The problem as that the NLS_LANG parameter was set to Danish (where we use comma (,) as decimal symbol). It is stored in the registry under the following subkey:

HKEY_LOCAL_MACHINESOFTWAREORACLEHOMEIDNLS_LANG

Where ID is the unique number identifying the Oracle home.

The trick was to change this subkey from:

DANISH_DENMARK.WE8MSWIN1252

To:

AMERICAN_AMERICA.WE8MSWIN1252

And then everything worked fine, and the decimal symbol was now a dot (.) instead of a comma (,).

Regional and language settings for Oracle client used with SQL Server linked server

SQLSaturday Johannesburg & Cape Town pre-con: Understanding SSIS internals and performance tuning

I am very happy and super excited to announce that I will be doing a full day pre-con the day before SQLSaturday #327 Johannesburg on 29 August, as well as SQLSaturday #301 Cape Town on 5 September 2014. Having lived in South Africa, I have had the pleasure to visit Johannesburg, Cape Town and Stellenbosch on a number of occasions. I must say, I can’t wait to go back!

Two years ago, I started speaking at SQL Server conferences, when Jody Roberts (twitter) pinged me on Twitter and asked if I didn’t want to give a talk at SQLSaturday #134 Johannesburg. I gave my first talk on Layered Partitioning, and it was such an awesome experience that I decided to go all in; which has resulted in three big conferences (and quite a few smaller ones) this year.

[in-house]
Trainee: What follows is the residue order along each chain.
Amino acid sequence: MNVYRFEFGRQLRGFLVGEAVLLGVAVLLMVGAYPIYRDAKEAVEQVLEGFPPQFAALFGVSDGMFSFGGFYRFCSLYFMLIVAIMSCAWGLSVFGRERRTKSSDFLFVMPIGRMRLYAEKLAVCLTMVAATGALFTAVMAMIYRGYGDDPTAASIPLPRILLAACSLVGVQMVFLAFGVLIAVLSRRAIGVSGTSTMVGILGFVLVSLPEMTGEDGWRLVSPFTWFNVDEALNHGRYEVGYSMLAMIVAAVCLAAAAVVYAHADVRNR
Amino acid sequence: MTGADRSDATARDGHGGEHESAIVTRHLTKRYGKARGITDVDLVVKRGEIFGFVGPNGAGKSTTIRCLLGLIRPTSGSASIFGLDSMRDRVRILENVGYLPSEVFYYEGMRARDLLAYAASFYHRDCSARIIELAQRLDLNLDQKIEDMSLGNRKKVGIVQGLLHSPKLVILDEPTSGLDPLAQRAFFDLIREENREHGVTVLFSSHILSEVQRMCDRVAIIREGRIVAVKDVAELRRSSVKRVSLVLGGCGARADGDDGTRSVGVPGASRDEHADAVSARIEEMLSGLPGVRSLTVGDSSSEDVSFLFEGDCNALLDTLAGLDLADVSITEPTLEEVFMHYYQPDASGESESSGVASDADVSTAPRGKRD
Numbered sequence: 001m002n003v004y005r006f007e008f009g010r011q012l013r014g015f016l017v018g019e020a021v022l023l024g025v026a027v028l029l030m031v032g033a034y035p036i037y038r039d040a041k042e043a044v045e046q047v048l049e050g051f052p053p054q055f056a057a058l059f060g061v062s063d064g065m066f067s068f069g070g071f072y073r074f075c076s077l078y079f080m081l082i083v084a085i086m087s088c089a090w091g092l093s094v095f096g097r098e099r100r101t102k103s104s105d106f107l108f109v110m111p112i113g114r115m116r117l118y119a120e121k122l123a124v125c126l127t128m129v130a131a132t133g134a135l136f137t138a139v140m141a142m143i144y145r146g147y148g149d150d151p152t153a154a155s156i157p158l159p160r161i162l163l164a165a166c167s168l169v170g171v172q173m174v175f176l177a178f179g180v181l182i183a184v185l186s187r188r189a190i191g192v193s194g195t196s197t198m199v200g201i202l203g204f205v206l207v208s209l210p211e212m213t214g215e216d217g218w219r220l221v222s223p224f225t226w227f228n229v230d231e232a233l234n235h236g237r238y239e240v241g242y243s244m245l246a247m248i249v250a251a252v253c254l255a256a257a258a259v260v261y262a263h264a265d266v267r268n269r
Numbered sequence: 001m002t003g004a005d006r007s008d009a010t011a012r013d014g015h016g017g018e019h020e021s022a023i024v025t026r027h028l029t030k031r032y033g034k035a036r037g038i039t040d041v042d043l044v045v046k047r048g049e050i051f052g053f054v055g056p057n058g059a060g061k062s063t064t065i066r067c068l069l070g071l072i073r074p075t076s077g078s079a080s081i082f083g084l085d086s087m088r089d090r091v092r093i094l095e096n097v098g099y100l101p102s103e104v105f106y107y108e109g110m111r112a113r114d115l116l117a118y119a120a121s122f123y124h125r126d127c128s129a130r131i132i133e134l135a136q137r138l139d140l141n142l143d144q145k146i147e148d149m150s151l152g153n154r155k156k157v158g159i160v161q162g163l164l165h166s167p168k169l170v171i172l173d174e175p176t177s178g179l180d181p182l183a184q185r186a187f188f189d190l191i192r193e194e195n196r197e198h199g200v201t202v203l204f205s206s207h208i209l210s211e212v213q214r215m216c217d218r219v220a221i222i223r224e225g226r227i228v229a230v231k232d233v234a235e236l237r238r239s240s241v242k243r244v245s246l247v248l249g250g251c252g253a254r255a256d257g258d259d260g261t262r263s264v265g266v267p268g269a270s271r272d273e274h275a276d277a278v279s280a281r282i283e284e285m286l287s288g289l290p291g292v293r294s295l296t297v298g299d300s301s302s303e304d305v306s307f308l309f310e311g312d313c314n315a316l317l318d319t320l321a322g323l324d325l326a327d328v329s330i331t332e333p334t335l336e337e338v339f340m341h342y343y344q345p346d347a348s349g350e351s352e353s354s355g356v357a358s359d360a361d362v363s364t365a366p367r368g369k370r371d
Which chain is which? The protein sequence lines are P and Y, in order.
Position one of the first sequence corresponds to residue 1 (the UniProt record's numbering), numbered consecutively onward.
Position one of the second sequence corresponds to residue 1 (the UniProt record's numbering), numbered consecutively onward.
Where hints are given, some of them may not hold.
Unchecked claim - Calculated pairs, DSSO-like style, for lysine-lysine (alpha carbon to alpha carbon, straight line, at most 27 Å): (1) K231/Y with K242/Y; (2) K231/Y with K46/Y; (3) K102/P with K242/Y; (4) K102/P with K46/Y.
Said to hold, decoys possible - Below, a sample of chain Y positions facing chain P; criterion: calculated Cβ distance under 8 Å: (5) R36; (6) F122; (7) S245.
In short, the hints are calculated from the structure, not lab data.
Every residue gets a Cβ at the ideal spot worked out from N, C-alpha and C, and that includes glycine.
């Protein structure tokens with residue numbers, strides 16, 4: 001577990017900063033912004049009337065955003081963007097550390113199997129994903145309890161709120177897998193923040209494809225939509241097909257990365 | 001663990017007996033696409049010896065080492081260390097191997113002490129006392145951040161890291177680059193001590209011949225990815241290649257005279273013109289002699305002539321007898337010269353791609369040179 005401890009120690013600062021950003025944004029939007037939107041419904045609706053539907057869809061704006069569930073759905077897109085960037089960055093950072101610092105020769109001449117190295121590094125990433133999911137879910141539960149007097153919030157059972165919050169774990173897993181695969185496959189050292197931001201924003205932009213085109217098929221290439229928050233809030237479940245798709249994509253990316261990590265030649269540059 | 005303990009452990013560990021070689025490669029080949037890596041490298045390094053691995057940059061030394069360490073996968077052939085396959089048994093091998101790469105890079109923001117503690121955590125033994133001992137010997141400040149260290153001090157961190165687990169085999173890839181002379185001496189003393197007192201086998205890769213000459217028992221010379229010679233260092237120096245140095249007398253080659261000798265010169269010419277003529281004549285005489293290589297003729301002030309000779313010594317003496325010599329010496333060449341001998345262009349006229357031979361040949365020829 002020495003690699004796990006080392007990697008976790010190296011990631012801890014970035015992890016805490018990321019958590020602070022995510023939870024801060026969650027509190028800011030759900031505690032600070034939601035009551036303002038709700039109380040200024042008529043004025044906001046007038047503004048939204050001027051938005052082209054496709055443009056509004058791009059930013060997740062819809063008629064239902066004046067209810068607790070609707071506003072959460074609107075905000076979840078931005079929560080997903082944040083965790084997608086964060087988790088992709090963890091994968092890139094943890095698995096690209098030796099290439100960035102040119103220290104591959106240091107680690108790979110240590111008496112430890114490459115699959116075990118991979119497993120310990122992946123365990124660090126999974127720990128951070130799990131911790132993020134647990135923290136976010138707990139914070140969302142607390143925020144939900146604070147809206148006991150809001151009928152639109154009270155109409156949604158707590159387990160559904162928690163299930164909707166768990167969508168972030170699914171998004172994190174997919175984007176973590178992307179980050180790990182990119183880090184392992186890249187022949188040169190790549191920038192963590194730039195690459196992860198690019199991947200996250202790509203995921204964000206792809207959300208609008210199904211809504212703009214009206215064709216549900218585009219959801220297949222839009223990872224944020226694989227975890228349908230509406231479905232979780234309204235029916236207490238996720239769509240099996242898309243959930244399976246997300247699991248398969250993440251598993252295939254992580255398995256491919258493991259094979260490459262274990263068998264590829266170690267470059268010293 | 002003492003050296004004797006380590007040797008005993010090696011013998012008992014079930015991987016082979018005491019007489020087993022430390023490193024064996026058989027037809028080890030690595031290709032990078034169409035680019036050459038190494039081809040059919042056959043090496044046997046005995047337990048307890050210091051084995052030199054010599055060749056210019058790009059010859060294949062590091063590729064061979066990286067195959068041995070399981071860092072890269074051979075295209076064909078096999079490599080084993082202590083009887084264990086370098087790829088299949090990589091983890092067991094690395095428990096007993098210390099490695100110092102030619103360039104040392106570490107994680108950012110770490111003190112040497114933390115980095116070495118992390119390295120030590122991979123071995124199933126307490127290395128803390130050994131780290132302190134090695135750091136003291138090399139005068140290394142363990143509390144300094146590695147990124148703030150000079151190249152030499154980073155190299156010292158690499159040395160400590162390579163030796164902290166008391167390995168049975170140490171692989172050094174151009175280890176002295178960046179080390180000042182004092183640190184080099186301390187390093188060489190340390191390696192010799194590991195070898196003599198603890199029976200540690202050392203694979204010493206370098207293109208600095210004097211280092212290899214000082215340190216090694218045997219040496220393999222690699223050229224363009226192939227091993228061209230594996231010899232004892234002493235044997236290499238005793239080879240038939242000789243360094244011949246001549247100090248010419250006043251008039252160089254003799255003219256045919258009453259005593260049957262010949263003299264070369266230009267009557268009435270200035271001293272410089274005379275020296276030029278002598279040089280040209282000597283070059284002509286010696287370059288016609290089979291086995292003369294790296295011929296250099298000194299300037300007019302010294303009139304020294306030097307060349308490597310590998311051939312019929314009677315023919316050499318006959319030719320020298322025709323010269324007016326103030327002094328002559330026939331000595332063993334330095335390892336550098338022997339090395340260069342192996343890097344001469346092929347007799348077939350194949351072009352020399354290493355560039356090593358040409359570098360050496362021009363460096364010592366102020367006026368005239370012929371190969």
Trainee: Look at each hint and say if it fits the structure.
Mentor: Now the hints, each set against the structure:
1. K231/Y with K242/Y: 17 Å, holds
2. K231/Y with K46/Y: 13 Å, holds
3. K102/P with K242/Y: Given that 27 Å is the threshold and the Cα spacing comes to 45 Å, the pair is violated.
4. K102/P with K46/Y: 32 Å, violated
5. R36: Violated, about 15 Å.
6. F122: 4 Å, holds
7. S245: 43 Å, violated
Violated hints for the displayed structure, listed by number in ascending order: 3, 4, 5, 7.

So, this year I am going back to South Africa where it all started to give a full day pre-con on Understanding SSIS internals and performance tuning.

Abstract:

You have worked with SQL Server Integration Services (SSIS) for a few years, but more often than not, you see performance problems with your packages. Some packages are running slow, while others are taking up more memory and CPU than before. But why are they slow or taking up a lot of resources? What is actually going on behind the scene? Join this full-day session to find out.

The first part will cover the internals of SSIS. Starting with an overview, we will move into the details of the control flow engine and the data flow engine. At the end of the internals section, you will have a deep understanding of the strengths and weaknesses of SSIS and what is the best way to design your packages.

The second part will cover how we can use the knowledge about the internals of SSIS to gain better performance. This part will show practical examples of common performance problems, and how these can be solved. Furthermore we will look at how designing and tuning your data flows can increase performance significantly.

If you are in Johannesburg or Cape Town (or feel like visiting the beautiful South Africa), I would be happy to see you at my pre-con.

Sign up for a full day of understanding SSIS internals and performance tuning in Johannesburg on 28 August.

Sign up for a full day of understanding SSIS internals and performance tuning in Cape Town on 5 September.

SQLSaturday Johannesburg & Cape Town pre-con: Understanding SSIS internals and performance tuning